Seizing the CQI Opportunity

Report
Seizing the CQI
Opportunity
Peter Watson
August 15, 2014
CQI Framework and Definition
• NRCOI/Casey CQI Framework (2005)
• Developed by broad range of
stakeholders
• Presented CQI definition
• Key CQI components
• Cited in Children’s Bureau
Information Memorandum on CQI,
August, 2012
2
One Definition of CQI
CQI is the complete process of
identifying, describing and analyzing
strengths and problems and then
testing, implementing, learning from
and revising solutions…
3
One Definition of CQI (cont.)
It relies on an organizational culture that
is proactive and supports continuous
learning. CQI is firmly grounded in the
overall mission, vision and values of the
agency…
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One Definition of CQI (cont.)
Perhaps most importantly, it is
dependent upon the active inclusion
and participation of staff at all levels of
the agency, children, youth, families and
stakeholders throughout the process.
5
Visual from the
NRCOI/Casey
CQI Framework.
Developed by
working session
participants.
6
Children’s Bureau CQI Components
I.
II.
III.
IV.
V.
Foundational Administrative Structure
Quality Data Collection
Case Record Review Data and Process
Analysis and Dissemination of Data
Feedback to Stakeholders and Decisionmakers and Adjustment of Programs and
Processes
7
What is driving
CQI in child
welfare?
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Past Pressures to Implement CQI
•Change focus from compliance to outcomes
•CFSR process began in 2001
•Quantitative and qualitative data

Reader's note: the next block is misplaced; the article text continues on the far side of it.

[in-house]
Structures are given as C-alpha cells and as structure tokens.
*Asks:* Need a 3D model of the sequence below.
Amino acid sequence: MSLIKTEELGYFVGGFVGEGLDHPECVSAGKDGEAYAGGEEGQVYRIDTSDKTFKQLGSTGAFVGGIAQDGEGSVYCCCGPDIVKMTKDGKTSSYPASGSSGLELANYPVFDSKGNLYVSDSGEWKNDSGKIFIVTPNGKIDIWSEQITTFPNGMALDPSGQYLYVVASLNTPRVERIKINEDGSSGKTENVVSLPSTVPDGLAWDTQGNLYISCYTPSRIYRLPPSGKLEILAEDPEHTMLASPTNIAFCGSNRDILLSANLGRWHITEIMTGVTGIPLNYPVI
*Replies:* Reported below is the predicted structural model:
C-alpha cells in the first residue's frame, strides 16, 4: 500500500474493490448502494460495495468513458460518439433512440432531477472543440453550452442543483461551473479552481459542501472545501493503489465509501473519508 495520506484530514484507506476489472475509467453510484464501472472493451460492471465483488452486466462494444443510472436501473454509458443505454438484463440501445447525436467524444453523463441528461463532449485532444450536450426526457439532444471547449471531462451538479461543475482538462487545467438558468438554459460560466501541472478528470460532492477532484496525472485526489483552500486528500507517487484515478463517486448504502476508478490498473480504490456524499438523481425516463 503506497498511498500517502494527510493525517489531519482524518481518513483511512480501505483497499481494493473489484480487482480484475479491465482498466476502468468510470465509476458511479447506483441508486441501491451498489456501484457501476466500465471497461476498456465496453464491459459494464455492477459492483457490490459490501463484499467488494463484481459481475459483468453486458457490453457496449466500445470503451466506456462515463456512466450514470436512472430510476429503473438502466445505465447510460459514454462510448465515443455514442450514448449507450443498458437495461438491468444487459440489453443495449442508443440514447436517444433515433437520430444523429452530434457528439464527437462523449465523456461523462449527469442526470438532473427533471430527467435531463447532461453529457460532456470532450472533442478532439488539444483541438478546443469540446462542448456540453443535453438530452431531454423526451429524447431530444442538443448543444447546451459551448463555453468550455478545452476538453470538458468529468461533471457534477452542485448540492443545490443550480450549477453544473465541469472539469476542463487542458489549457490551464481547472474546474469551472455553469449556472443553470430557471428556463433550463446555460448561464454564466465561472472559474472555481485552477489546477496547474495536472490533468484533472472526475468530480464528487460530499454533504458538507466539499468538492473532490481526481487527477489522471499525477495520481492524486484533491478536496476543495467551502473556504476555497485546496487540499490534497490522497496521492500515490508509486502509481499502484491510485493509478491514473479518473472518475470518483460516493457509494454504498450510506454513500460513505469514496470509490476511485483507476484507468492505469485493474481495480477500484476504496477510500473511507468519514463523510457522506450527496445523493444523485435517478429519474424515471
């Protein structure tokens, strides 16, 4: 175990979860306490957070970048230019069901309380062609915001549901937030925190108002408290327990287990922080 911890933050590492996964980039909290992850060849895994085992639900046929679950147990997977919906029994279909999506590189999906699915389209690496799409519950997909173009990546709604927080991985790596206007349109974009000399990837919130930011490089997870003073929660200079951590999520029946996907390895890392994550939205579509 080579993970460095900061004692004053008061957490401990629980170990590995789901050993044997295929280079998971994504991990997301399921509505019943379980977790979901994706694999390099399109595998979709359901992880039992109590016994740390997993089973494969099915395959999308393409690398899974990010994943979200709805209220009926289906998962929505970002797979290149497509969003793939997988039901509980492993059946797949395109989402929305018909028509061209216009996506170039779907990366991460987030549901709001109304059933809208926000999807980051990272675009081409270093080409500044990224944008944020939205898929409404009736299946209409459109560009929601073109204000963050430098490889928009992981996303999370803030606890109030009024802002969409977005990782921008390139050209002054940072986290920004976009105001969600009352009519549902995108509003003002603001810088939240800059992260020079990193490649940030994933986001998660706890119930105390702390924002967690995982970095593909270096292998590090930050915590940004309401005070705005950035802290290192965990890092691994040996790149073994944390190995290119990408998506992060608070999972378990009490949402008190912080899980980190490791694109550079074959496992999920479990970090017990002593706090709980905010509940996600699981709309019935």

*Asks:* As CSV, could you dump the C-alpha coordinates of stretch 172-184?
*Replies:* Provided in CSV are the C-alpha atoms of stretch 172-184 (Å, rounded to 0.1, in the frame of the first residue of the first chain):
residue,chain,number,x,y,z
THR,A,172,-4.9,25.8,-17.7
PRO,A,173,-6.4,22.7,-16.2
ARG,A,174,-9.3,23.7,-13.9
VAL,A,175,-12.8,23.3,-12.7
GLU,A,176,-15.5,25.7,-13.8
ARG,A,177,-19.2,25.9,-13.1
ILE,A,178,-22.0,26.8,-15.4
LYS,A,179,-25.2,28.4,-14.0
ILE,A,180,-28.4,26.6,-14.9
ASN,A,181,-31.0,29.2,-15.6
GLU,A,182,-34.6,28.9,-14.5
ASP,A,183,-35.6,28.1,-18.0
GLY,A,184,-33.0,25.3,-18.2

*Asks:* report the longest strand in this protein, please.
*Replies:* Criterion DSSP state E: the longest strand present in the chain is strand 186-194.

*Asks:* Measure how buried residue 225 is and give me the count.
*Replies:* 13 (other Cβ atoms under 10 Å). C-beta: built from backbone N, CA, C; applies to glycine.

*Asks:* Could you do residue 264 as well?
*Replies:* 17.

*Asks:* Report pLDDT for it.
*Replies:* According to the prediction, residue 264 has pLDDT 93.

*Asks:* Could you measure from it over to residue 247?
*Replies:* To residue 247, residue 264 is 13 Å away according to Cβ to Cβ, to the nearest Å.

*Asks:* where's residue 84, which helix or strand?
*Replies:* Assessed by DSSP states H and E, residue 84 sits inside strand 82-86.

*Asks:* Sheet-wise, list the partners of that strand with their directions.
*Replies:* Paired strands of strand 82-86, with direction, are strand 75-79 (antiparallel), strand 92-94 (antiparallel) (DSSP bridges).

•PIPs focused on systemic changes
•Lack of measureable progress in many states
•Accreditation efforts in some states
•Lawsuits/settlement agreements
•Heightened accountability expectations
9
Recent Pressures to Implement CQI
•Children’s Bureau Information
Memorandum on CQI—August, 2012
•Program Instruction on Child and Family
Services Plan (CFSP)
•Child and Family Services Review (CFSR)
Round 3 process and data measures
•CFSR On-site Review Instrument
10
The Eureka Moment
Turning Pressure into Opportunity
• Some agencies have stepped back to assess and
improve their CQI systems
• Target resources to CQI to move agency into
“learning/assessment” mode
• Daily question: “What can we learn from this?”
• Viewing CQI as an organizational shift may be
LESS overwhelming than trying to implement a
series of technical components
12
What are Agencies Doing?
•CQI system assessments
•Engaging more staff and stakeholders in CQI
•Reconsidering case review approaches
•Linking data from multiple sources
•Building data analysis skills at all levels
•Focusing on action planning
•Participating in the National CQI Academy
•Finalizing CFSPs submitted in June, 2014
13
What are Your Pressures?
•What pressures are you experiencing to
implement a CQI system?
•How might the different pressures on your
management team impact your work
together?
•May need to understand these more to make
progress
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Lessons learned
from State CQI
Assessments
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NRCOI’s CQI Assessment Process
• Child Welfare Matters issue has details
• Thank you to MN, OK, NM, FL, WI, IN and VA!
• Pre-work: interviews, surveys, review current
system elements, identify meeting participants
• Meeting elements, including voting
• Post-meeting
• Mirror CQI action planning and implementation
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Lesson 1: Develop Clear CQI Vision
• CQI is more than just a set of activities
• What are we trying to achieve through CQI?
• If CQI were working optimally, what would be
different in your work, the work of others, the
response of stakeholders?
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Shared Vision for a Learning Organization
•A genuine mission and sense of “WE” and
what “WE” are trying to achieve.
•The vision drives curiosity and information
seeking.
•The vision is independent of leadership
changes.
•What is your vision for CQI?